among them, assume the broadcast random string is received identically and
without errors by all parties. However, in many natural implementations of such
protocols, this assumption may not be realistic (e.g. when the random string has
a natural source).
Our information-theoretic scheme can be made to work even with errors
(provided the error rate is low enough) by allowing the verifier to accept a
timestamp even if the the blocks in the intersection differ by a small amount.
The proof of Lemma 1 already allows the adversary to make some errors when
stamping, and still be considered successful. Increasing the error rate by a small
amount will not invalidate the lemma (although the parameters suffer slightly).
The computational scheme, on the other hand, currently requires the random
string to be received perfectly by all parties. It is an interesting open question
whether this requirement can be removed.

Removing the Need for Constant Monitoring: Our timestamping schemes require
the verifier to run the Sketch function in every round for which it may, someday,
want to verify documents. The verifier must therefore constantly monitor the
random string, which is too much to ask from a casual user of the system.
An implementation of our timestamp systems can overcome this difficulty by
using “verification centers”: dedicated third parties who act as verifiers. In some
sense, such third parties appear in all previous timestamp protocols. This raises
the issue of how much trust the user must place in the verification center.
In the computational version of our protocol, the verification center is also
easily auditable by casual users: the verifier is deterministic and has no secret
information. Any user can act as a verifier for a single round, and compare its
state to that of the verification center: any inconsistency will be instantly visible.
Non-interactive Timestamping in the Bounded Storage Model 475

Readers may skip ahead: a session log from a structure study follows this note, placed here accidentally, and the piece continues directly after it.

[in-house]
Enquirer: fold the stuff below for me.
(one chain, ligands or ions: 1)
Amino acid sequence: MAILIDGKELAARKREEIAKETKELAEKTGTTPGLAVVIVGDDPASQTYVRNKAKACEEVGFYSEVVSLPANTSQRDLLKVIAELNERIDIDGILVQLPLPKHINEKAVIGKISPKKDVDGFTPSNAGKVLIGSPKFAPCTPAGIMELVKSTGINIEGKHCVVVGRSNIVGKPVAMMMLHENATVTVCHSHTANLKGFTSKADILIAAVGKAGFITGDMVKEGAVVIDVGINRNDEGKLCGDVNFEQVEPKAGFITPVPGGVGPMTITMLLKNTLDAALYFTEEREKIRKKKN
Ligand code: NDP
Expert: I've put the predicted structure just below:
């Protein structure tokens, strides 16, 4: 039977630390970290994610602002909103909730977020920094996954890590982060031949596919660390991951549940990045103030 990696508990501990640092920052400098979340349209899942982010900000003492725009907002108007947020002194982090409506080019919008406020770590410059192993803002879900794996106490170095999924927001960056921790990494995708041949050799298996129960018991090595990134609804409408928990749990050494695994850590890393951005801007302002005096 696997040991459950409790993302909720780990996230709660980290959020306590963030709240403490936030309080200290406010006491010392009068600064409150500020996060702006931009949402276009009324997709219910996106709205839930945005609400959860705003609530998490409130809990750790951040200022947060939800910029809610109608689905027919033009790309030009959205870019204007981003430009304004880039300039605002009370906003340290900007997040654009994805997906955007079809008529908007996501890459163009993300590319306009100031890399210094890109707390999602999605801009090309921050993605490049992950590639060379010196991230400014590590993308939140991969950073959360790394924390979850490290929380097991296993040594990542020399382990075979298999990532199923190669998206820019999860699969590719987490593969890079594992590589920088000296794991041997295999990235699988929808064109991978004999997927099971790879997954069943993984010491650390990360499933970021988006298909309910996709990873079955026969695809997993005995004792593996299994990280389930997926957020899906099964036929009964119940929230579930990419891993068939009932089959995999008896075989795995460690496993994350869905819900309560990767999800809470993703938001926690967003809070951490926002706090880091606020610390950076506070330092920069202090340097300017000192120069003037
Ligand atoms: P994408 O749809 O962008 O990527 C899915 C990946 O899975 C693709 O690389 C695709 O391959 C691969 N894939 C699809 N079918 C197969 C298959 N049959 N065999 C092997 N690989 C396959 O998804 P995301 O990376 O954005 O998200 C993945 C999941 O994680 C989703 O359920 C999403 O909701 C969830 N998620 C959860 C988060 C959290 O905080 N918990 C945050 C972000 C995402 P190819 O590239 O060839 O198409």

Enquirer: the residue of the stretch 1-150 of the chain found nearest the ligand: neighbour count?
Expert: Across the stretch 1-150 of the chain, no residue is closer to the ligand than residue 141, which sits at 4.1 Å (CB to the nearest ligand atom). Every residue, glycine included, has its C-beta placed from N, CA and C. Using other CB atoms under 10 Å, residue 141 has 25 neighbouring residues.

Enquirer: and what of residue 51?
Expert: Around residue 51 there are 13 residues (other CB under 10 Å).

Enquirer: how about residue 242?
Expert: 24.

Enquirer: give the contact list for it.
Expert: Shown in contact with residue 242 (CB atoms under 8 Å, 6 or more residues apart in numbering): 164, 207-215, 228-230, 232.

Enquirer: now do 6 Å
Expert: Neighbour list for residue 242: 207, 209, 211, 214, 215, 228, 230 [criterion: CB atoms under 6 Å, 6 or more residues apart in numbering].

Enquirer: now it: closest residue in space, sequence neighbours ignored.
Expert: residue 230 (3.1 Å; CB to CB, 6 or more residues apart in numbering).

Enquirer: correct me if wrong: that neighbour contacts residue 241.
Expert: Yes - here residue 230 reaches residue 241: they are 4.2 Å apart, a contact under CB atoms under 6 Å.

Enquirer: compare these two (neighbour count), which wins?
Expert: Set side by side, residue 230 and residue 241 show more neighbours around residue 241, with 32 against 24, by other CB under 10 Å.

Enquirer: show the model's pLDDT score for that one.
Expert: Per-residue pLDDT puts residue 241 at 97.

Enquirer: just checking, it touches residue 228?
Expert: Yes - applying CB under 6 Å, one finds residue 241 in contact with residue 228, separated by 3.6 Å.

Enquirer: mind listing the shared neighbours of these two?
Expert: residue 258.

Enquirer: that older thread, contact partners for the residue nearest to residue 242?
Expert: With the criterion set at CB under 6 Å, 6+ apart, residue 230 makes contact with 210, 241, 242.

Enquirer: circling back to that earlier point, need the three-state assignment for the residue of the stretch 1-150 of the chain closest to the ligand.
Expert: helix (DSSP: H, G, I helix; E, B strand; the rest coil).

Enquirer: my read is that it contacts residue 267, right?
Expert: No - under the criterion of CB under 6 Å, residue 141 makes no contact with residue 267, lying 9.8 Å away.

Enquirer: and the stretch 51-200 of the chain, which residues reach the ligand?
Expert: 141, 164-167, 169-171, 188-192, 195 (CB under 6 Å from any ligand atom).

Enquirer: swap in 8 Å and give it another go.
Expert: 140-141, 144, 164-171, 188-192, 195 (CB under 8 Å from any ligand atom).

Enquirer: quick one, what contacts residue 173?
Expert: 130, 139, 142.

Online Versus Locally-Computable: The strategies for the honest players are
efficient in the sense that they work online using small space and polynomial
time. A stronger notion of efficiency called “locally-computable” was suggested in
[25]. It requires the honest players to store a small substring of the string More
precisely, the players need to choose a subset before the random string
is transmitted and only store We point out that the “information-theoretic”
scheme (Section 4) has this additional property, whereas the “computationally-
bounded” scheme (Section 5) does not9. Natural open problems are whether the
“information-theoretic” scheme can be improved to yield better parameters, and
whether the “computationally-bounded” scheme can be improved to run with
strategies that are locally computable.


We thank Danny Harnik, Moni Naor and Muli Safra for helpful discussions, and
the anonymous reviewers for their constructive comments.

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IPAKE: Isomorphisms for Password-Based
Authenticated Key Exchange

Dario Catalano1, David Pointcheval1, and Thomas Pornin2
CNRS“LIENS, Ecole Normale Sup©rieure, Paris, France
Cryptolog, Paris, France

Abstract. In this paper we revisit one of the most popular password-
based key exchange protocols, namely the OKE (for Open Key Exchange)
scheme, proposed by Luck in 1997. Our results can be highlighted as fol-
lows. First we define a new primitive that we call trapdoor hard-to-invert
isomorphisms, and give some candidates. Then we present a generic
password-based key exchange construction, that admits a security proof
assuming that these objects exist. Finally, we instantiate our general
scheme with some concrete examples, such as the Diffie-Hellman func-
tion and the RSA function, but more interestingly the modular square
root function, which leads to the first scheme with security related to
the integer factorization problem. Furthermore, the latter variant is very
efficient for one party (the server). Our results hold in the random-oracle

1 Introduction
Shortly after the introduction of the revolutionary concept of asymmetric cryp-
tography, proposed in the seminal paper by Diffie and Hellman [9], people real-
ized that properly managing keys is not a trivial task. In particular private keys
tend to be pretty large objects, that have to be safely stored in order to preserve